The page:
Smallpox Treatment: An Overview

 Smallpox is a highly contagious viral disease caused by the variola virus. While no longer common due to successful vaccination programs, it still threatens vulnerable populations globally. In this article, we explore the historical treatment approaches for smallpox and current best practices.

Historical Treatment Methods

Prior to the development of vaccination in the late 18th century, treatment options for smallpox were limited and primarily focused on symptomatic relief.

Pustule Management

Early treatments involved lancing pustules with sterile needles once they had filled with pus to prevent disseminated infection. Smallpox Treatment Care was taken to collect draining matter carefully to prevent contact with others. Lesions were also treated with cooling ointments to relieve itching and pain.

Diet and Hydration

Patients were encouraged to consume cooling liquids and a light diet, as the high fevers associated with smallpox caused extreme dehydration. Broths, water, and bland foods were recommended over heavy meals. Good hygiene like sponge baths also helped lower fever and combat secondary infections.


Strict isolation of patients was one of the most effective historical treatments in minimizing disease spread before vaccination. Those infected were kept separately from family in dark, well-ventilated rooms until all scabs had fallen off, usually around 3 weeks after the onset of rash. Linens and dishes used by patients were also boiled or burned.

Modern Treatment Approaches

Thankfully, widespread vaccination has all but eradicated naturally occurring smallpox cases. But risks remain from bioterrorism, and initial treatment still focuses on symptom management.


Vaccination within 3 days of exposure can prevent or significantly lessen the disease course in about 85-90% of cases. The live vaccinia virus induces immunity without causing disease in immunocompetent individuals. Countries maintain vaccine stockpiles in case of an outbreak.

Antiviral Drugs

Experimental treatments using antiviral medications like tecovirimat show promise. Tecovirimat blocks a protein essential to viral replication and has been effective in animal models when given early in infection. Its safety and efficacy in humans still need validation.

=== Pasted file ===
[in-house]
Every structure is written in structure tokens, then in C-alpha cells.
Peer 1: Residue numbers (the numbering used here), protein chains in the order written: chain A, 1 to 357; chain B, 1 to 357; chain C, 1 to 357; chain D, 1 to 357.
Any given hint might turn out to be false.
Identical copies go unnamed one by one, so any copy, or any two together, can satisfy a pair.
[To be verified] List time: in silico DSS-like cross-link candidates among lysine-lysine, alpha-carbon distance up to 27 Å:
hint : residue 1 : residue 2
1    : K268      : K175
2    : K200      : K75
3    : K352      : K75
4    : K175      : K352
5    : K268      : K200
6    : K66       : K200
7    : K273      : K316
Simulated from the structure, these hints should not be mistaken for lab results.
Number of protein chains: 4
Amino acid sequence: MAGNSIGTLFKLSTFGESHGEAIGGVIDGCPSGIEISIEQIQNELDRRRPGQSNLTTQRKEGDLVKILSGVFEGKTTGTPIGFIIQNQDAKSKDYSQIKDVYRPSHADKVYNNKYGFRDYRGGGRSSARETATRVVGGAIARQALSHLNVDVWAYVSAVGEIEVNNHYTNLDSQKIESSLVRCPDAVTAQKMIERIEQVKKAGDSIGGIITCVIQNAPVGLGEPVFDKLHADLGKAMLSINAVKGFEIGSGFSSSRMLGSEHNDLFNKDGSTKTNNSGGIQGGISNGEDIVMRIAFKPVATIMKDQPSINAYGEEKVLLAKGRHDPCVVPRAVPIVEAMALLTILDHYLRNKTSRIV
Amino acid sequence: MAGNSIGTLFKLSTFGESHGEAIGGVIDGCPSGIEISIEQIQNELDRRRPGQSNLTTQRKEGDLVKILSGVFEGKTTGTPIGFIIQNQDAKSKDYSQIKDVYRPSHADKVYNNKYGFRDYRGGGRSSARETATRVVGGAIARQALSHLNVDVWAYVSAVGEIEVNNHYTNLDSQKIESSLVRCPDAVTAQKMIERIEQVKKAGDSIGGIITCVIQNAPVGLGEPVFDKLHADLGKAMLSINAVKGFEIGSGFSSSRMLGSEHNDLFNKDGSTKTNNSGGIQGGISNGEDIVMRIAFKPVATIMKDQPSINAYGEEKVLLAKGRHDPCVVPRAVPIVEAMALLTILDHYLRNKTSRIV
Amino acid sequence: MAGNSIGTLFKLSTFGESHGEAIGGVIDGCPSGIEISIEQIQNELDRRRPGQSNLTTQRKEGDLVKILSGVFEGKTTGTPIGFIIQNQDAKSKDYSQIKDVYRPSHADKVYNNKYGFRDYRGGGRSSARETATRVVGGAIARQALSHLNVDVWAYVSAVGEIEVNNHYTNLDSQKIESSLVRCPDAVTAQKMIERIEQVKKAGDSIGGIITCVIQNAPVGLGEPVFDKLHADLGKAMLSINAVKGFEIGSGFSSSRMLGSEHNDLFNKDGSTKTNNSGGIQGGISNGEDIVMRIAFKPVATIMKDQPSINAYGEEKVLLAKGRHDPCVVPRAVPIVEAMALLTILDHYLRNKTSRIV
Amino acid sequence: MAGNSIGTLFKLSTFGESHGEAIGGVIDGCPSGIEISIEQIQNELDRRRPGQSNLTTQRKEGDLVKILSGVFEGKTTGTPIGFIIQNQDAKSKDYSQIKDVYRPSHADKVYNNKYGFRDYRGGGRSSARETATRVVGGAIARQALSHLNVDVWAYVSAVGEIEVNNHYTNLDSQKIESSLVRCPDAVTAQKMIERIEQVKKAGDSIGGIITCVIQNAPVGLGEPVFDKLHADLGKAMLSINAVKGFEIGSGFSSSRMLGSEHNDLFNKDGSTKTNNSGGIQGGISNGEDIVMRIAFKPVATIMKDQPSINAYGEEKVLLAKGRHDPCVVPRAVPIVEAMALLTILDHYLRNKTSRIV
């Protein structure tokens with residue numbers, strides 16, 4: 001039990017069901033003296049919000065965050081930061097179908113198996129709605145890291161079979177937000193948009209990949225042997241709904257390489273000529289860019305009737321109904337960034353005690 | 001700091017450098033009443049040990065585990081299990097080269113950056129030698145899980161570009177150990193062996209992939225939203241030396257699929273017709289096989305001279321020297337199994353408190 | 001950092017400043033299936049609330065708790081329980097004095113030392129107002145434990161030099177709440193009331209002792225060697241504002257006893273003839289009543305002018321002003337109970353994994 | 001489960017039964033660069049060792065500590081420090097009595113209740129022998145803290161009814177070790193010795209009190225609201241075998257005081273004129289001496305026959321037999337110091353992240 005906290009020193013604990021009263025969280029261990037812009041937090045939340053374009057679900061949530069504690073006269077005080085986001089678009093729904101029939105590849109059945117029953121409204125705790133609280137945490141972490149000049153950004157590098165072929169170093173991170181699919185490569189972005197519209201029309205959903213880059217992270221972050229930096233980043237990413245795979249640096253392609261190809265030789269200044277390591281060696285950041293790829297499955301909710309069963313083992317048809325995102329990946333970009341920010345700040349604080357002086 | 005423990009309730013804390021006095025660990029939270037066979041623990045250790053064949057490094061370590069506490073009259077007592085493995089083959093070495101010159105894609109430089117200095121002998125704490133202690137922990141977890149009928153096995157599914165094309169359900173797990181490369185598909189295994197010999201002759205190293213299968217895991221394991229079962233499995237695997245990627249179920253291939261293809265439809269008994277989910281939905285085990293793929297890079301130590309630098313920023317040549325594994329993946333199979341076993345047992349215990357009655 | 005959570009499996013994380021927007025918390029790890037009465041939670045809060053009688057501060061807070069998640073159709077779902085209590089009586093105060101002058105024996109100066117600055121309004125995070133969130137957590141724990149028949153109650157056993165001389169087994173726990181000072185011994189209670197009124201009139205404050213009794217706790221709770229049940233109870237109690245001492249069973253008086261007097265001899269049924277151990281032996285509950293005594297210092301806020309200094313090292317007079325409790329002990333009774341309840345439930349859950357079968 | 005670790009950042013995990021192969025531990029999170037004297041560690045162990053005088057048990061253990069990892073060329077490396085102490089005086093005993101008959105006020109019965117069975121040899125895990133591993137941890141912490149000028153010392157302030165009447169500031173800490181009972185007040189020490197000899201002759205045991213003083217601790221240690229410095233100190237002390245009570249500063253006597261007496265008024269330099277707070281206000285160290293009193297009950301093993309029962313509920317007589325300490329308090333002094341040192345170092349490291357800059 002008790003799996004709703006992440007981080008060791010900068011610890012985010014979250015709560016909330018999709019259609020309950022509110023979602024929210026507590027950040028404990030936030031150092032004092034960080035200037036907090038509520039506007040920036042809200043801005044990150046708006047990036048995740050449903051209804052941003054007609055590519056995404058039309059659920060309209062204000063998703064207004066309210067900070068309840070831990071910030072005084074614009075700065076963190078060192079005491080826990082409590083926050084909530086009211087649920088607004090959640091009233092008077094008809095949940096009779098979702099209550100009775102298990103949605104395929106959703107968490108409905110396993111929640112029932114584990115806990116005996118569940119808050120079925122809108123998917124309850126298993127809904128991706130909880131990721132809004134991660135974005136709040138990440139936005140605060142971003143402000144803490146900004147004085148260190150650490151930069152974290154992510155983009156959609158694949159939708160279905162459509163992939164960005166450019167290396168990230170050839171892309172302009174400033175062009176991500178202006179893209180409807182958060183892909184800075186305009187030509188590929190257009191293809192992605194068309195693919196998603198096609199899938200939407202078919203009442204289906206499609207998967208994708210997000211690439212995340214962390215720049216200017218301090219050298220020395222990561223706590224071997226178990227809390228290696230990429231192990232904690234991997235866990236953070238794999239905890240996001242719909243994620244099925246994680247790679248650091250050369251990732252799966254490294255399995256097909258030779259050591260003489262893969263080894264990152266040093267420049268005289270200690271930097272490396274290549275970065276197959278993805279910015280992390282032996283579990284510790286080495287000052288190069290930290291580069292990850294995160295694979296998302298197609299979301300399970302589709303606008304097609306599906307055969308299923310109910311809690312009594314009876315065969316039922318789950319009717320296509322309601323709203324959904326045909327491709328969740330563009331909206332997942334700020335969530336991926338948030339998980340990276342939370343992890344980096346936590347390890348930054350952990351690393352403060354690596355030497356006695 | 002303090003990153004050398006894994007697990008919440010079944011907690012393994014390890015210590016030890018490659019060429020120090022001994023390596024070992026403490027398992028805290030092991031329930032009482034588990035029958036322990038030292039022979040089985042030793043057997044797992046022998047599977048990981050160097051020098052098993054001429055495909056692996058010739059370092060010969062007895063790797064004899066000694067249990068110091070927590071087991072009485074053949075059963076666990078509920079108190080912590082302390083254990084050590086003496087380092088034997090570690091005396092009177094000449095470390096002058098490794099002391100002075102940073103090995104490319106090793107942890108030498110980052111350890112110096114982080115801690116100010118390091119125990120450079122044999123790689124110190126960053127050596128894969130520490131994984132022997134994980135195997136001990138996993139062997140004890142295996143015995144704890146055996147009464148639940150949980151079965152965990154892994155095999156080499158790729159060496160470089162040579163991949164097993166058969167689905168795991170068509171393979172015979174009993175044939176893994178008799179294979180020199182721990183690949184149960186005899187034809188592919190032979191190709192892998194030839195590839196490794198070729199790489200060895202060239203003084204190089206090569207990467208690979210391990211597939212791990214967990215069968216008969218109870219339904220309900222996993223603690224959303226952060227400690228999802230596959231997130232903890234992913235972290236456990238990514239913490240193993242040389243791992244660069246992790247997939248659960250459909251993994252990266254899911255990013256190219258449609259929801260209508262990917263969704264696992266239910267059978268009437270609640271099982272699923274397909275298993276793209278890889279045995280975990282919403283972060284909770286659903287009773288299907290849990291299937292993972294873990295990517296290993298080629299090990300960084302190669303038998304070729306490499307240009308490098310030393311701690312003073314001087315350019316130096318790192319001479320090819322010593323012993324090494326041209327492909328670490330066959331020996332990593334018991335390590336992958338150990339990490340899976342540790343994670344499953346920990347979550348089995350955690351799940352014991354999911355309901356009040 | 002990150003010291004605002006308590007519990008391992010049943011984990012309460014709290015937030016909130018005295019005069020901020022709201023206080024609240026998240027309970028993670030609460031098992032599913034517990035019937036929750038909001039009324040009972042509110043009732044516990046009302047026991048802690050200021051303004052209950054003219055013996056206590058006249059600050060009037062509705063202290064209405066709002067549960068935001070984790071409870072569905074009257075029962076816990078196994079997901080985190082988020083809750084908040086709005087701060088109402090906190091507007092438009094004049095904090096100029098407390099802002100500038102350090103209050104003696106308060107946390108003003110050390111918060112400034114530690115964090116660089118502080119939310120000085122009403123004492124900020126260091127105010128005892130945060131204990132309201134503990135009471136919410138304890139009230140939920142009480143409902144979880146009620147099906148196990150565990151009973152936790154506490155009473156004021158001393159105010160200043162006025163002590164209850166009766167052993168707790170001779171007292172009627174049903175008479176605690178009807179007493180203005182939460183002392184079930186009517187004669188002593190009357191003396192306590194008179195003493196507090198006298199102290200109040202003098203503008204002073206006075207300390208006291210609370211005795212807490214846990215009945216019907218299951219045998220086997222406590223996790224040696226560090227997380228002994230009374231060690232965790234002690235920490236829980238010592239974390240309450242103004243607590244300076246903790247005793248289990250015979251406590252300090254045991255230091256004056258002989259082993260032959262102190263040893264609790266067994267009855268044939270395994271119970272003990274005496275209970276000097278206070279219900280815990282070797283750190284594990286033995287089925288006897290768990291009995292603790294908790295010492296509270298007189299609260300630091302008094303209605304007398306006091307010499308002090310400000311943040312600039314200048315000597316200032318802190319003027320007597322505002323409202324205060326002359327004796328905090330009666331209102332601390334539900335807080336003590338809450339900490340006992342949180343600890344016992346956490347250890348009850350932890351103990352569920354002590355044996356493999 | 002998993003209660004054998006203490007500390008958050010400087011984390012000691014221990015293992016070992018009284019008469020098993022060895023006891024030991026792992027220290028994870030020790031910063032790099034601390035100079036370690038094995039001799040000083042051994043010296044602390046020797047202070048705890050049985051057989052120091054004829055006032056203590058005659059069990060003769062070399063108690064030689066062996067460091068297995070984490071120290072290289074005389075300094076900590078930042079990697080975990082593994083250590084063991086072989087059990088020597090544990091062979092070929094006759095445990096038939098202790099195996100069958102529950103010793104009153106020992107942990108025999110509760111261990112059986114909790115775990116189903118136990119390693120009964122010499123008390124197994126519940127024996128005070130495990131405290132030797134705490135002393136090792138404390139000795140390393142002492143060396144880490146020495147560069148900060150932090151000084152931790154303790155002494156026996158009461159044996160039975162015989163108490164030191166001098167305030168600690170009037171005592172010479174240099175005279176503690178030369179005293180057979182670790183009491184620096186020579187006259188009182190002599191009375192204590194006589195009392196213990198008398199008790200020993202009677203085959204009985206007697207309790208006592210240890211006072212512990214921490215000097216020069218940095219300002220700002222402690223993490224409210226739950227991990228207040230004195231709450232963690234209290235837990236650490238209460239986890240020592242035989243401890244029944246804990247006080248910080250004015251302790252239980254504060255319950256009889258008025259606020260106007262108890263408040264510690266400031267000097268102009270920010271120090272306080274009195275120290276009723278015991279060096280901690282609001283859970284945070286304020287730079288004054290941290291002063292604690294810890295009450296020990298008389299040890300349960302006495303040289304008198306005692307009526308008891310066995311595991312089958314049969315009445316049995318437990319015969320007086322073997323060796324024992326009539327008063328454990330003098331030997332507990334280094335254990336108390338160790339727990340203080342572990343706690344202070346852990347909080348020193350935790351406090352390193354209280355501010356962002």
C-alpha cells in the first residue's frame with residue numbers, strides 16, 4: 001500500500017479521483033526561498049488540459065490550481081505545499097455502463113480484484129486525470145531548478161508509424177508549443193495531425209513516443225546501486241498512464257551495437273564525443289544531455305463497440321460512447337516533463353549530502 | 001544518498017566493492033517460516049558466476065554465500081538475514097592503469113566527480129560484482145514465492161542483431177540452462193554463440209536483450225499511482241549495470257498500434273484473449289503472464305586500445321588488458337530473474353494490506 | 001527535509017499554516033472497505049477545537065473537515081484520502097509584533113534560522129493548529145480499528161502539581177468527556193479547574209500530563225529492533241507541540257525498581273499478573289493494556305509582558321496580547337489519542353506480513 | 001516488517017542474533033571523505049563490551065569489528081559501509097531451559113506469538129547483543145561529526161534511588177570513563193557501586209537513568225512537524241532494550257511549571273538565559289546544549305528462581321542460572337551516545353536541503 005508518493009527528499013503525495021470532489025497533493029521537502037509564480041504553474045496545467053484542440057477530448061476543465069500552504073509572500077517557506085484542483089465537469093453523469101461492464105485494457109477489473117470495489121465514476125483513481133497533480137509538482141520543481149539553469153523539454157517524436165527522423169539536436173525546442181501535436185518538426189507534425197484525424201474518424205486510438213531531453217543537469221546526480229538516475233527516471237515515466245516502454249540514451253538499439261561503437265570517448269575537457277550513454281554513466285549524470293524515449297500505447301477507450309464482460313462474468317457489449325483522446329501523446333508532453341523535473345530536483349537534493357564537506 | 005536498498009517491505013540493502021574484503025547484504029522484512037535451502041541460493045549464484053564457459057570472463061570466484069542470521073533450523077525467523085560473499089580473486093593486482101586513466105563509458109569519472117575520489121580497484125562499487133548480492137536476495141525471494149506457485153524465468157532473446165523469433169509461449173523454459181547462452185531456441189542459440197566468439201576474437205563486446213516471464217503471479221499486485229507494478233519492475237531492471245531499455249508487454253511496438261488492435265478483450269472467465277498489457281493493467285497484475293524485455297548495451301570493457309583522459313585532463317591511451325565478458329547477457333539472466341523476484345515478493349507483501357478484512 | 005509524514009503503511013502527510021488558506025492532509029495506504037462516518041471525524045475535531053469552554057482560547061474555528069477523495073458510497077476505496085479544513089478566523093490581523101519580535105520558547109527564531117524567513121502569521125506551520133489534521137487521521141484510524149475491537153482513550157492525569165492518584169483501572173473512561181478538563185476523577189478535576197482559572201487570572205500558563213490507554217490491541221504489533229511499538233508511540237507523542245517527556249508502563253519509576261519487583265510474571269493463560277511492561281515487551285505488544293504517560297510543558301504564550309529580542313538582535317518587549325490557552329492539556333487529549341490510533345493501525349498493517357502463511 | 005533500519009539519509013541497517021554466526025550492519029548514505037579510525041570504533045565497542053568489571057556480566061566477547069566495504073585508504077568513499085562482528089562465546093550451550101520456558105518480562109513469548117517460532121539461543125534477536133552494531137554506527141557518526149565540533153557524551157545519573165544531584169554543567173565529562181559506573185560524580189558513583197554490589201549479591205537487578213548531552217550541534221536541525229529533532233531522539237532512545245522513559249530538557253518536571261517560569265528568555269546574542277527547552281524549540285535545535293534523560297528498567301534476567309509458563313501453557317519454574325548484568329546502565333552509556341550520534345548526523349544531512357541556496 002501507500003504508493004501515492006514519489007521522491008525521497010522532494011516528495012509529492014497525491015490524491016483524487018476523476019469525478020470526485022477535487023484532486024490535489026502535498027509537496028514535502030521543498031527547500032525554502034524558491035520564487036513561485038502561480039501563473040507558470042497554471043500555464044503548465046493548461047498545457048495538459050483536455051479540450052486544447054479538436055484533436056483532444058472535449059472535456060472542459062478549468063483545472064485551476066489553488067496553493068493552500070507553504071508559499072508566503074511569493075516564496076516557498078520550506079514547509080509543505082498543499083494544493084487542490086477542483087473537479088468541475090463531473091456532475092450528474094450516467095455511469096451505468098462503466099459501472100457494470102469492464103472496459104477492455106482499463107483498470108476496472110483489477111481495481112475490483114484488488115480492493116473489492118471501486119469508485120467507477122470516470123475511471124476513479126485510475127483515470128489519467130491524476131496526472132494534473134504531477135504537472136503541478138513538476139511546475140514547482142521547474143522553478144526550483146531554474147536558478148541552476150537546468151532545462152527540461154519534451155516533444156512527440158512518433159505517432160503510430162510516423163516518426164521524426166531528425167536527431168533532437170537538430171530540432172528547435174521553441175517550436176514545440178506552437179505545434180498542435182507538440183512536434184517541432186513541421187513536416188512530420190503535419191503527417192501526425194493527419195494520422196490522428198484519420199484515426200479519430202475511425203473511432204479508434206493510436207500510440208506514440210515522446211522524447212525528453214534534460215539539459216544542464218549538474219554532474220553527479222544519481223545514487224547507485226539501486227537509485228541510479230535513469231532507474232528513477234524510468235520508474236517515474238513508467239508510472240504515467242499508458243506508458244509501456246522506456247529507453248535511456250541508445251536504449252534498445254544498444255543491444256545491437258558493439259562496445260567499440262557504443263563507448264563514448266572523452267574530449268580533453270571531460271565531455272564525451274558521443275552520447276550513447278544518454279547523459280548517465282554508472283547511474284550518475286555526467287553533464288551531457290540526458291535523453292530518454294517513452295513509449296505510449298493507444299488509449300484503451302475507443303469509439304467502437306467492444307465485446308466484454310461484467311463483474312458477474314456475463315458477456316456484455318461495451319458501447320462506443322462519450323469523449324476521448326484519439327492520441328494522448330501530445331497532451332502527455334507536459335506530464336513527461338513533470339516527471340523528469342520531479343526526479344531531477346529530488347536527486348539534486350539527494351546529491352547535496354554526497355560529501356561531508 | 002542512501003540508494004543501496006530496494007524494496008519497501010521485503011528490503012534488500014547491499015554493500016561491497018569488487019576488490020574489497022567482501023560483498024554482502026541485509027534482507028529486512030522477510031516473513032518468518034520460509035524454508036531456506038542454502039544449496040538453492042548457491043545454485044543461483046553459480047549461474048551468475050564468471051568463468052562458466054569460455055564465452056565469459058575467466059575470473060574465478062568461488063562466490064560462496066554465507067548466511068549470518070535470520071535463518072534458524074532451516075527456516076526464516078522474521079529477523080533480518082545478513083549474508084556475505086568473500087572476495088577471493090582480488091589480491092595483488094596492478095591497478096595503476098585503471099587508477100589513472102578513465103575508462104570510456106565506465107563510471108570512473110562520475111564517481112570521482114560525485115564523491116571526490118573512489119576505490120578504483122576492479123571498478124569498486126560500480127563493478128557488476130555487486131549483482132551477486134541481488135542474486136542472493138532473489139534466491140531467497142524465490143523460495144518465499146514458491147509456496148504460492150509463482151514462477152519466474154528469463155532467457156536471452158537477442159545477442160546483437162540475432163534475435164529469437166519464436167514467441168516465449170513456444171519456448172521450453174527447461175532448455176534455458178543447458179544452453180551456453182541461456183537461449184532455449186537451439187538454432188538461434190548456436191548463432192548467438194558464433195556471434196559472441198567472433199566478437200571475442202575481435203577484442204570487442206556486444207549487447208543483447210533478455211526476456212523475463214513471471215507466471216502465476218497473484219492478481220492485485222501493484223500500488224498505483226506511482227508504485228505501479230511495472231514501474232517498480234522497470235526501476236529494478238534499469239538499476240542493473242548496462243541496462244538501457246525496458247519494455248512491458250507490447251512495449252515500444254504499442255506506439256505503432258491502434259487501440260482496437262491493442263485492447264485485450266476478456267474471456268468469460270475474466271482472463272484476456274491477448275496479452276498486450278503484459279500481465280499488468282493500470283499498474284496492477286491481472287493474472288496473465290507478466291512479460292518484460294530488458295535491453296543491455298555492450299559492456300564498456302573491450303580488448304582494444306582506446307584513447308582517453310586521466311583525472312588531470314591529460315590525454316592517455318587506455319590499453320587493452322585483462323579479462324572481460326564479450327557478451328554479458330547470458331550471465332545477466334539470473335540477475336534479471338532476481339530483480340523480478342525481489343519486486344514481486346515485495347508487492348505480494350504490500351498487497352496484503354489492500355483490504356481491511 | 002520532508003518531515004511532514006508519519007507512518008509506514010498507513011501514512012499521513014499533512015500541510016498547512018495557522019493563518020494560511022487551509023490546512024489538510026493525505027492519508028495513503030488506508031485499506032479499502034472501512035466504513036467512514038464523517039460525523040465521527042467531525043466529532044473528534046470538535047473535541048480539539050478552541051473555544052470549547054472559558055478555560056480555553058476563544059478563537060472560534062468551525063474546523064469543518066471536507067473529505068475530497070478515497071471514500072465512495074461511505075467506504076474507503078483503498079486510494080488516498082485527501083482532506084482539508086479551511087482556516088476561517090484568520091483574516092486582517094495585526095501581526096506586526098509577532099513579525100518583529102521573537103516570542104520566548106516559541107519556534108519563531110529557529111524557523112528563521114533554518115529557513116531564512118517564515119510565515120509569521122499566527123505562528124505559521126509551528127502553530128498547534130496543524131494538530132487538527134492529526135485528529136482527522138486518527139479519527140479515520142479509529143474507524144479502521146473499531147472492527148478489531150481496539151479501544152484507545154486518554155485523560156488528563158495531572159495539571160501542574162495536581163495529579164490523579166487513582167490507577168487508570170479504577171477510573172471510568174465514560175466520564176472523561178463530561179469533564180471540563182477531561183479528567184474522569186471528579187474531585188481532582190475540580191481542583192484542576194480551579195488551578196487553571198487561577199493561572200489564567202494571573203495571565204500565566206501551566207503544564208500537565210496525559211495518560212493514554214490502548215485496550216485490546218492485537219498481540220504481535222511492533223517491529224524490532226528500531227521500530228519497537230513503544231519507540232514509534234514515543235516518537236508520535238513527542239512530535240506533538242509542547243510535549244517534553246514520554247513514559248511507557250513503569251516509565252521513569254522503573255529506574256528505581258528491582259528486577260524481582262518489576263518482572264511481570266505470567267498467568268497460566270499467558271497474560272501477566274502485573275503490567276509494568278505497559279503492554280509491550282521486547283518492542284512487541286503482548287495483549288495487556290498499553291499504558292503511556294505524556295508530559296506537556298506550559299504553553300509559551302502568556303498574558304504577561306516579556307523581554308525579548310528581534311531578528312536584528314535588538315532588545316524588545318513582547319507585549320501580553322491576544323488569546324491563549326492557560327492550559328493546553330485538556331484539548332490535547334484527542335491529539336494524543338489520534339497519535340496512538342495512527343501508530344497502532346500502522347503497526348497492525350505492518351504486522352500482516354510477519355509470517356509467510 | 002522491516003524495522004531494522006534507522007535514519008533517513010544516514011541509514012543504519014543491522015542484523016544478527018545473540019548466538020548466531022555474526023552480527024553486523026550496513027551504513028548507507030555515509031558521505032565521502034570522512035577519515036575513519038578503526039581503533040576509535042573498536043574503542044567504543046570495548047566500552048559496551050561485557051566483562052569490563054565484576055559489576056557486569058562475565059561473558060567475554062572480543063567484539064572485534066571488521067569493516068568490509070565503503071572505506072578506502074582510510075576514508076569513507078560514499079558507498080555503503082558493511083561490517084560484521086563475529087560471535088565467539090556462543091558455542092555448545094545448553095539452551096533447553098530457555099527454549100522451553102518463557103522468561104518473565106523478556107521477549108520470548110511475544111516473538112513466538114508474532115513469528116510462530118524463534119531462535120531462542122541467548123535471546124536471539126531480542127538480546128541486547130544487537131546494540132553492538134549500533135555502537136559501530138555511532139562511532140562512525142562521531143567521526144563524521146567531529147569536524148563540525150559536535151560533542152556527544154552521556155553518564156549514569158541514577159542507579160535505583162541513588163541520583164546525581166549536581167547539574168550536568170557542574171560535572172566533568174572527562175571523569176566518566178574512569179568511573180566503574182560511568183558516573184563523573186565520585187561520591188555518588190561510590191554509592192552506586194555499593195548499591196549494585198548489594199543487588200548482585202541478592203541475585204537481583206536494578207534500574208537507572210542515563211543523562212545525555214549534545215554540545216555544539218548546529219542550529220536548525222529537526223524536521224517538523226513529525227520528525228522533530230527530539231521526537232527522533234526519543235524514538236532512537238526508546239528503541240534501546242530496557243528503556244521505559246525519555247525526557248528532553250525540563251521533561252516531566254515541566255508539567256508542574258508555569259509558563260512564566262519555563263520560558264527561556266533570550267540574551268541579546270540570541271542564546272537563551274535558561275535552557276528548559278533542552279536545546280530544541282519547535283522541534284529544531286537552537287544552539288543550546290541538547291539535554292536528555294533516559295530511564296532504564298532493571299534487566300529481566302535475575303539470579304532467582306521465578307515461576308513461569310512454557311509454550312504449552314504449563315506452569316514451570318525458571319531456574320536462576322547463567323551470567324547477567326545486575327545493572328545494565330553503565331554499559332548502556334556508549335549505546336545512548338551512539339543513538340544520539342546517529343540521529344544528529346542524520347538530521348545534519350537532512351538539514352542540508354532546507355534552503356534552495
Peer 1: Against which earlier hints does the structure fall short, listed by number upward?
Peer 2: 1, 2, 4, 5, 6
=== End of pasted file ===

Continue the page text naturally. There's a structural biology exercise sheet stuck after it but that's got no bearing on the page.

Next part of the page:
Supportive Care

For active cases, treatment aims to ease symptoms and prevent complications. Antipyretics are given for fever, oral rehydration for dehydration, antibiotics for any secondary infections, and pain relievers as needed. Pustules are left untouched unless secondarily infected.

Isolation and Contact Tracing

A suspected case immediately warrants isolation precautions until diagnostically ruled out. Public health conducts rigorous contact tracing and offers post-exposure vaccination/monitoring to contain any potential spread.

Smallpox Legacy and Prevention

This often-fatal disease plagued humanity for millennia before vaccination conquered it. As its eradication stands among public health’s greatest achievements, maintaining vigilance against biothreats remains paramount. Continued global surveillance and prepositioning of medical countermeasures safeguard against potential re-emergence of smallpox in the modern age. Through coordinated global efforts, may its scourge never threaten humanity again.

Get more insights on This Topic- Smallpox Treatment

Si prega di attivare i Javascript! / Please turn on Javascript!

Javaskripta ko calu karem! / Bitte schalten Sie Javascript!

S'il vous plaît activer Javascript! / Por favor, active Javascript!

Qing dakai JavaScript! / Qing dakai JavaScript!

Пожалуйста включите JavaScript! / Silakan aktifkan Javascript!